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Forest Stewardship Marketing

Posted: January 29, 2014

No matter how we slice and dice the owners of Pennsylvania’s private forests, they are, for sure, all different. Every day, woodland owners make decisions about how they will manage or use their land. Using data from three Pennsylvania woodland owner studies we learned about five woodland owner segments.

Pennsylvania has 738,000 woodland owners. That's right! We have nearly three-quarters of a million woodland owners who share ownership of the state's 11.5 million acres of privately held forests. The average Pennsylvania woodlot is about fifteen acres in size

Using data collected in three studies of Pennsylvania’s private woodland owners conducted in 2006, 2008 and 2010, we have some idea about what motivates people to own forested land. We also know that the average woodland owner is not commonly found. If we were describe that person, it is a male, about 57 years old, with at least some college education, making a pretty good income, living within a mile of his 15 acres of woodlands.

If you own woodlands, maybe that describes you. More than likely, it does not. For example, we know that about 500,000 of Pennsylvania's woodland owners hold less than 10 acres, and the average size for these small ownerships is less than 3 acres. Owners in the 10 to 19 acre size class are not the same as their smaller neighbors, and 1 in 4 private forest acres, about 3 million acres, is in ownerships of less than 20 acres. Looking further up the holding size class scale, there are only about 25,000 woodland owners with 100 acres or more.

Clearly, no matter how we slice and dice the owners of Pennsylvania's private forests, they are, for sure, all different. Every day, woodland owners make decisions about how they will manage or use their land. Consider for a moment that you would like to help woodland owners make informed decisions about the use of their land, planning for its future, or you want to help them find appropriate, useful information, about forests. Knowing they are very diverse, you might choose to try to reach groups of owners with your message. This is what marketing specialists do. They "segment" their audience.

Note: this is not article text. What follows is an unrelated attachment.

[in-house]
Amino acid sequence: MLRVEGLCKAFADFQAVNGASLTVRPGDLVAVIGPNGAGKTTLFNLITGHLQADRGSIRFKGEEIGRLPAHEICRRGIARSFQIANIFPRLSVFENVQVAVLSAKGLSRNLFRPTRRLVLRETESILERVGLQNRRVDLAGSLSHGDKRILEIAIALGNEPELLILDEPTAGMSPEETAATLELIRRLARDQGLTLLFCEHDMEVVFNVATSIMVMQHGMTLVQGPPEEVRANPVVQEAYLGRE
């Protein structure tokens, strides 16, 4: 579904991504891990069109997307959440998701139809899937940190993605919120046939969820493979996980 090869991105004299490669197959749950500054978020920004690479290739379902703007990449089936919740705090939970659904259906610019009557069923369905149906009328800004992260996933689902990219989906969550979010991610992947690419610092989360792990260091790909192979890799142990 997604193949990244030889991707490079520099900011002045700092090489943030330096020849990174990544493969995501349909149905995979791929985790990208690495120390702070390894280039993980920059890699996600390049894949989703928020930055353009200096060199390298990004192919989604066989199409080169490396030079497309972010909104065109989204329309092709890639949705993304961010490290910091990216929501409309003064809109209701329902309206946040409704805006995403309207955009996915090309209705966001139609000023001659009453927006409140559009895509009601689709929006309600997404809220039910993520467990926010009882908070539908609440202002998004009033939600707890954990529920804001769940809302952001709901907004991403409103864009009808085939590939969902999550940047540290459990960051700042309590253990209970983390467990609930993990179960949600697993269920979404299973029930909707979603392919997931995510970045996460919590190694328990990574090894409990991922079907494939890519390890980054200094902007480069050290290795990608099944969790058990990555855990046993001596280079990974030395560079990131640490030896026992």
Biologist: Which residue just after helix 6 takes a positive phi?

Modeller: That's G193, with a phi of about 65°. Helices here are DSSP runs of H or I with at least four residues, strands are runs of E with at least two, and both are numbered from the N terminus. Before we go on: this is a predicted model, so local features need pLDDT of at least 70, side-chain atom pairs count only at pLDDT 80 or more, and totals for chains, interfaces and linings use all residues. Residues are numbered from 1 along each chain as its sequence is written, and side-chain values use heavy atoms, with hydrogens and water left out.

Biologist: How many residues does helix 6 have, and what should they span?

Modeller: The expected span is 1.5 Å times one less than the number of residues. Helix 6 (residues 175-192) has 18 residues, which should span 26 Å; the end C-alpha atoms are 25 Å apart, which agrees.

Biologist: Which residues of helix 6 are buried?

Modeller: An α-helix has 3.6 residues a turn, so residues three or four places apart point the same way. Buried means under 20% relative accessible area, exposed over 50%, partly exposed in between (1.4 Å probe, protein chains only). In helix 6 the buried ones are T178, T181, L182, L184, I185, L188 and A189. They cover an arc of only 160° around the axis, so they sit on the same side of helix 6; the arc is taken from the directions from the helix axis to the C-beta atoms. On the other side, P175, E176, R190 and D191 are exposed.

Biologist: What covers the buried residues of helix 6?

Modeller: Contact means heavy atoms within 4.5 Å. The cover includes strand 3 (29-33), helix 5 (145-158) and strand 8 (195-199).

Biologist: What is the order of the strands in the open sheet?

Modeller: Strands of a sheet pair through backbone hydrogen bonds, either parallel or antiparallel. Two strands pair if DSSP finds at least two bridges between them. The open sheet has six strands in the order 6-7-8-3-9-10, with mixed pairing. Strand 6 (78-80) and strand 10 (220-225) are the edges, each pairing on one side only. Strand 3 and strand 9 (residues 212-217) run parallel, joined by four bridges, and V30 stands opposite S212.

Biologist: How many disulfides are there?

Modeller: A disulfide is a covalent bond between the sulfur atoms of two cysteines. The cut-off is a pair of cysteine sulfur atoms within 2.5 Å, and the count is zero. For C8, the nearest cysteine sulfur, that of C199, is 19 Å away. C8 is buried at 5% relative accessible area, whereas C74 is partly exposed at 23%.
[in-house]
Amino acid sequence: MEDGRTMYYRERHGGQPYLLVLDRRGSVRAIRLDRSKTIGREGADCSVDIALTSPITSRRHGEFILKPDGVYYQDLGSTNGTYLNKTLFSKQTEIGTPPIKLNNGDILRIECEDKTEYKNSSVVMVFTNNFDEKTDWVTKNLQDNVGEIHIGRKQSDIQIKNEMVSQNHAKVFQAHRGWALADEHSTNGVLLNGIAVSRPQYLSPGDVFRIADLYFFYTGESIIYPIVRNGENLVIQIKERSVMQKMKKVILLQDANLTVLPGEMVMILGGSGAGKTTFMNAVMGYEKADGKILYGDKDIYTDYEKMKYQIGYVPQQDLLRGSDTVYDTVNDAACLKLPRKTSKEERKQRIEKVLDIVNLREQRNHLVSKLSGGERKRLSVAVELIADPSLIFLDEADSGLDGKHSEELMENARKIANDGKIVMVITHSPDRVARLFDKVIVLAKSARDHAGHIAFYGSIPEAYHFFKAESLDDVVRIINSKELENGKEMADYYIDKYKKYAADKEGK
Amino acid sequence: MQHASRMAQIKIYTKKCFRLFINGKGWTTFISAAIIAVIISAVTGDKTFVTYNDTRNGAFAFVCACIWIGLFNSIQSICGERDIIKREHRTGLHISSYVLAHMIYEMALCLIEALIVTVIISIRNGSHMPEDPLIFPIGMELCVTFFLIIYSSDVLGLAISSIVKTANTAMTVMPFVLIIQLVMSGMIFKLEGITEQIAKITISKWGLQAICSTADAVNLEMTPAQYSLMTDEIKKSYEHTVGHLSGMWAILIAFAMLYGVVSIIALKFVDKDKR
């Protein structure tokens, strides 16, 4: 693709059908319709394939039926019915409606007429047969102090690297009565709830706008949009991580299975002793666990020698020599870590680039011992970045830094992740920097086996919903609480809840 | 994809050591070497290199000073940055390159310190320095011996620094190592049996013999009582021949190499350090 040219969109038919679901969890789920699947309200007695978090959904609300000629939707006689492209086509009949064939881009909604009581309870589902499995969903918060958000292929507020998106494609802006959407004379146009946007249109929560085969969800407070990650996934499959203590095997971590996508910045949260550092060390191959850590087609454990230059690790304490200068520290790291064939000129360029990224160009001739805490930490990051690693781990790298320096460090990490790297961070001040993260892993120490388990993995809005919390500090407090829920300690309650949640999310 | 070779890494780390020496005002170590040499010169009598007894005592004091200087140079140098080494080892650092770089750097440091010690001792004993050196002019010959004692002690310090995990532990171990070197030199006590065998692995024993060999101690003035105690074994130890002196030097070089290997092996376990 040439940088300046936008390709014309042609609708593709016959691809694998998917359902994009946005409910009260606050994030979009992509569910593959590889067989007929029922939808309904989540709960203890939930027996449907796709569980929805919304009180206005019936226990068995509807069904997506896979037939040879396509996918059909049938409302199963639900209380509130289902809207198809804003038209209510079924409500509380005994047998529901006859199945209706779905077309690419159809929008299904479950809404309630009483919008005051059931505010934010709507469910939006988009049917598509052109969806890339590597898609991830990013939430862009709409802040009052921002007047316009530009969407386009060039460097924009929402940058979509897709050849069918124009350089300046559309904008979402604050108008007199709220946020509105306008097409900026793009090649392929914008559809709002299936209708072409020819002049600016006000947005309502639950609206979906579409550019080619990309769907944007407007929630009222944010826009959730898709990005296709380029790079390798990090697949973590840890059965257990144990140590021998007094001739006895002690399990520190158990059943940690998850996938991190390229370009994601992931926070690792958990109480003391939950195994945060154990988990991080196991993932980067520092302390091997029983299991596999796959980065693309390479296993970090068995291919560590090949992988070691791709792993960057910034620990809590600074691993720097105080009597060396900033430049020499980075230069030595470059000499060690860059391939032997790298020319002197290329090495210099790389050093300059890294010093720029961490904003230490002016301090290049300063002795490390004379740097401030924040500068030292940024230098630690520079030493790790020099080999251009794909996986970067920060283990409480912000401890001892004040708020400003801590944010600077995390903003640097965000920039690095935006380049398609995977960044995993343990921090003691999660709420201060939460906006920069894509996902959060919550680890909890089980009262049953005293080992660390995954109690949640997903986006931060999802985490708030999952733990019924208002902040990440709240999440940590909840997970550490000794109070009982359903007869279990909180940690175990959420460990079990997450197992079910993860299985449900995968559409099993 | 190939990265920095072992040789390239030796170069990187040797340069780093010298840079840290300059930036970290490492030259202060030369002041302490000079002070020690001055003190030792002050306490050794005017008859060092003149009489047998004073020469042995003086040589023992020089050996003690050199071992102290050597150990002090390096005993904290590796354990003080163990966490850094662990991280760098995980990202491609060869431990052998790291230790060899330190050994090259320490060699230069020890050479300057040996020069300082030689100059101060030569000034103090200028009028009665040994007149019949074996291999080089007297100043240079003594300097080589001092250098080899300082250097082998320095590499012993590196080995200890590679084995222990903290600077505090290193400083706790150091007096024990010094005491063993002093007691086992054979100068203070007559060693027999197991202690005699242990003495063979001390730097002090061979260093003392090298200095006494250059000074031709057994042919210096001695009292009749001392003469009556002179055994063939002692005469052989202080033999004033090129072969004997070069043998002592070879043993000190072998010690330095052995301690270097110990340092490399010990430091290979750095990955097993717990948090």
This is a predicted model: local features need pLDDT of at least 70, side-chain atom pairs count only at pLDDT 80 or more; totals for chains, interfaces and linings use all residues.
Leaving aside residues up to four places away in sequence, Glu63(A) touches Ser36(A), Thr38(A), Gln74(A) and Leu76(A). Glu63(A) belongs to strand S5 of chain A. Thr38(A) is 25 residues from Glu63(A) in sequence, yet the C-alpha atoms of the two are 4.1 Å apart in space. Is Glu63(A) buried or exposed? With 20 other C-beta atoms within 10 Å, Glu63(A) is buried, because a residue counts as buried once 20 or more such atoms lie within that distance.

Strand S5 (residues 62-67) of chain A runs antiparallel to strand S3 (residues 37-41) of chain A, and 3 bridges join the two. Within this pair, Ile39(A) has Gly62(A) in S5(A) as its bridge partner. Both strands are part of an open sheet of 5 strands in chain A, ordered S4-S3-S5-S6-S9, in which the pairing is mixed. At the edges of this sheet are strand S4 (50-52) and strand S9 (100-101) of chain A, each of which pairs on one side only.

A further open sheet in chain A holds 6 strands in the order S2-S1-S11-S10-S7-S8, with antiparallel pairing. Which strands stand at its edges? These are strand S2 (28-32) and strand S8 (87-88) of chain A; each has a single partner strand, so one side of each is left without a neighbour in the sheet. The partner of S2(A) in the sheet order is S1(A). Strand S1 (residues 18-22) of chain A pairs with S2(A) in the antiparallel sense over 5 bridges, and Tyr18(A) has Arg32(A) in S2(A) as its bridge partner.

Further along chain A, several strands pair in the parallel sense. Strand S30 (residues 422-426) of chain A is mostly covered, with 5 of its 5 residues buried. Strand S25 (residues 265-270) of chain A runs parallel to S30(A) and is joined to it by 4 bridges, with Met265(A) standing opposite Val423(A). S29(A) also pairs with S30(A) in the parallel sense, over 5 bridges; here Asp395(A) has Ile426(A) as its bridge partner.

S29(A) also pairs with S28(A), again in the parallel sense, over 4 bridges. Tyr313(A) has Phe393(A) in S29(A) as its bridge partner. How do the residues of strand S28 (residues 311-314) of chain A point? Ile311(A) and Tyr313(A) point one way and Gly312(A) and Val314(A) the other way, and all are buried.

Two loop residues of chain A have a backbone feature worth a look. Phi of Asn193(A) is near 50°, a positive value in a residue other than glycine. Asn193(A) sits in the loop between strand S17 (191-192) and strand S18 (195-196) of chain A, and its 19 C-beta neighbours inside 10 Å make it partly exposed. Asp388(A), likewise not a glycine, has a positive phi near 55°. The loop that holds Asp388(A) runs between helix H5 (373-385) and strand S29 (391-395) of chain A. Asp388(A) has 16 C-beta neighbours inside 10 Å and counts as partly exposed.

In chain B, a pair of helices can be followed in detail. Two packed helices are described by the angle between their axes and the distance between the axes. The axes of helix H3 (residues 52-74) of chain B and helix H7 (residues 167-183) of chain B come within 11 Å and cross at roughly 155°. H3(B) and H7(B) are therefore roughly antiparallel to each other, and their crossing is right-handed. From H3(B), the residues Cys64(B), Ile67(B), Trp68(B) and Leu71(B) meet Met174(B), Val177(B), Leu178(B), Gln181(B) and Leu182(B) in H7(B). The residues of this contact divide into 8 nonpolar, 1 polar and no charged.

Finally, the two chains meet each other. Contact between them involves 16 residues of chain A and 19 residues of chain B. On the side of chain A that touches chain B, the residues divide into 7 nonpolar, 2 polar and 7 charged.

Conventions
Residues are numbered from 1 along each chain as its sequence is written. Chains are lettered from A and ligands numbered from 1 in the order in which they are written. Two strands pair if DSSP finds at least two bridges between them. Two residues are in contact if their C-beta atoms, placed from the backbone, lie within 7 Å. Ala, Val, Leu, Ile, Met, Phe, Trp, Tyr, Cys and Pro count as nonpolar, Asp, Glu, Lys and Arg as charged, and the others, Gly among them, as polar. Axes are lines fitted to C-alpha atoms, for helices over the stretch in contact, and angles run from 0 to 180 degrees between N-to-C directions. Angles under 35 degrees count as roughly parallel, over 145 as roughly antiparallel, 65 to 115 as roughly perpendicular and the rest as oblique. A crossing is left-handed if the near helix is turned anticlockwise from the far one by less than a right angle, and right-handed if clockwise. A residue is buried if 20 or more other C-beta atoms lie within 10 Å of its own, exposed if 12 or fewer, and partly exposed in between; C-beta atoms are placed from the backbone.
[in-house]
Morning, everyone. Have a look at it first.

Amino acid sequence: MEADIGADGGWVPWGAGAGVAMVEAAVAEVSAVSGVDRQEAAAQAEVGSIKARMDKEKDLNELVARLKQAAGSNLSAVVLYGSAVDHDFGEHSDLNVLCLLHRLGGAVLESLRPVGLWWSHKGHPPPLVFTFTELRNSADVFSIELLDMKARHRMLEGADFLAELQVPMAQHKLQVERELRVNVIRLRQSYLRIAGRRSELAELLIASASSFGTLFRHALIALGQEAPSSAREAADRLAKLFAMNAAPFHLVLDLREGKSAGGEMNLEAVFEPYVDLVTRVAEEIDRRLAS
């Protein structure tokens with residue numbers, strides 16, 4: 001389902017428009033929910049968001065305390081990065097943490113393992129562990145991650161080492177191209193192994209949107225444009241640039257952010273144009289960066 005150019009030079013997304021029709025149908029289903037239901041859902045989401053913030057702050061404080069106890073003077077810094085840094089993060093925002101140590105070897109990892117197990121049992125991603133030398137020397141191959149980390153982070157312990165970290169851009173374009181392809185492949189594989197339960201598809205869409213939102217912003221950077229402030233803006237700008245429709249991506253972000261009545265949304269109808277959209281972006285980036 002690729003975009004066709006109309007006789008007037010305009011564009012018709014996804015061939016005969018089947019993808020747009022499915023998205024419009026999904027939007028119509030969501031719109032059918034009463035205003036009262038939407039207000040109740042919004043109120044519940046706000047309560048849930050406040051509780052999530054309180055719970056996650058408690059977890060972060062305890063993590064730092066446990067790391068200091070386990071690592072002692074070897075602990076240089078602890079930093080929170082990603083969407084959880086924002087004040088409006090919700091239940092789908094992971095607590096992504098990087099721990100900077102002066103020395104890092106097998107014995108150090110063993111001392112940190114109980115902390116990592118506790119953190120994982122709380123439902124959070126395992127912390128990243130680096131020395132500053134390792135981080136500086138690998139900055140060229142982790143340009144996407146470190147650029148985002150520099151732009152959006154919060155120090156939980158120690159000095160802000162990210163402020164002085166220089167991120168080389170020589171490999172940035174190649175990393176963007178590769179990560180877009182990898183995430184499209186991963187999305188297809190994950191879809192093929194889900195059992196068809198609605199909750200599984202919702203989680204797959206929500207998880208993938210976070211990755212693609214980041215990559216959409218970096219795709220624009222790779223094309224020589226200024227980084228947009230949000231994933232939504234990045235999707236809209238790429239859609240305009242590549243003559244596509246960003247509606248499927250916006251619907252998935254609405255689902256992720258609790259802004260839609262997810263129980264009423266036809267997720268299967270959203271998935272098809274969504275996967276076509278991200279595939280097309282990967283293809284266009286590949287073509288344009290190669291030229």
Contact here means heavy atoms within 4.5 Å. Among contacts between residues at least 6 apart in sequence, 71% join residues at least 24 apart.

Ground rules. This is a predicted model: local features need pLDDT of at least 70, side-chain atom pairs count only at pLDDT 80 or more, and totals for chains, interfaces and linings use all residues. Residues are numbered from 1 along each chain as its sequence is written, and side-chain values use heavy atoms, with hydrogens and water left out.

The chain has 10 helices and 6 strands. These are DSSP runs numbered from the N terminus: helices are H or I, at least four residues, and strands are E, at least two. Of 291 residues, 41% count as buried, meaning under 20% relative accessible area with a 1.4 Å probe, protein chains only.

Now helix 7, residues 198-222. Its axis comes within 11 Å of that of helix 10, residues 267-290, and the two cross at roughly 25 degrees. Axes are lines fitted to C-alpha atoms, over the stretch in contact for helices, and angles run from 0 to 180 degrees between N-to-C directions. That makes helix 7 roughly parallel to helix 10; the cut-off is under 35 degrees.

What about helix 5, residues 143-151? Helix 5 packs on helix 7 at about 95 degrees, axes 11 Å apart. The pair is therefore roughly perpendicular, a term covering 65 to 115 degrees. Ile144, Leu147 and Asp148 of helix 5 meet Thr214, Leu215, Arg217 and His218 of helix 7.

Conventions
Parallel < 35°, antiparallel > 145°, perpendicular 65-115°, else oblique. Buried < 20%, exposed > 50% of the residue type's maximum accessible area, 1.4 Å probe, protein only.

When you purchase groceries or almost anything these days, someone collects data to segment you into a class that buys certain items or visits specific websites. They do this by using store cards, reward clubs, or by tracking your cookies from websites. Using that information, they create messages just for you and these show up in your email or as coupons on the back of a receipt. Market segmentation helps them reach out to you.

Using data from the three woodland owner studies we have created woodland owner segments. Don't worry, we won’t be sending you email messages or coupons. The data is protected by research protocol and besides we have not linked data to names, so it is impossible to know anything specific about you as an individual. We sought to understand the collective "you."

In our segment analysis, we specifically wanted to learn about woodland owners' intentions to pass land forward to their heirs, if that is an option. We also know that 80 percent of woodland owners would like the land to remain in their family, yet only 40 percent have involved family members in conversation about the land, and many fewer still have a plan in place. This is an interesting question because research has repeatedly shown that we have increasing numbers of owners and parcels sizes are resultantly becoming smaller. This trend makes it more difficult to manage forests for any number of values and it also makes it difficult to provide information and assistance to more people with diverse interests. Using responses to survey questions we identified five distinct segments.

Family subdivision -- Active managers: Members of this segment represent 12 percent of the owners (88,600 owners) and 33 percent of the private forest with an average ownership size of 37 acres. They actively manage their land by, for example, cutting timber and improving habitat. Reportedly 83 percent are males, averaging 60 years of age, 53 percent have four or more years of college education. Owners in this segment hold woodlands because they enjoy wildlife, owning land, and outdoor recreation; they also appreciate solitude and hunting. Having their land as part of their estate and planning to pass it onto the family is high on their "importance list." It is important to note that subdivision of their lands is on the table when they settle their estate. This will likely impact important activities they do on their land: recreation, hunting, habitat improvement, cutting firewood and timber. Interestingly, only 48 percent of these owners indicate having cut timber in the past 10 years. Owners in this segment believe healthy forests are important, that people should respect forests, and they generally have the right to use forests as they see fit. Considering this, they understand that people should actively manage forests and that forests are vulnerable to various threats.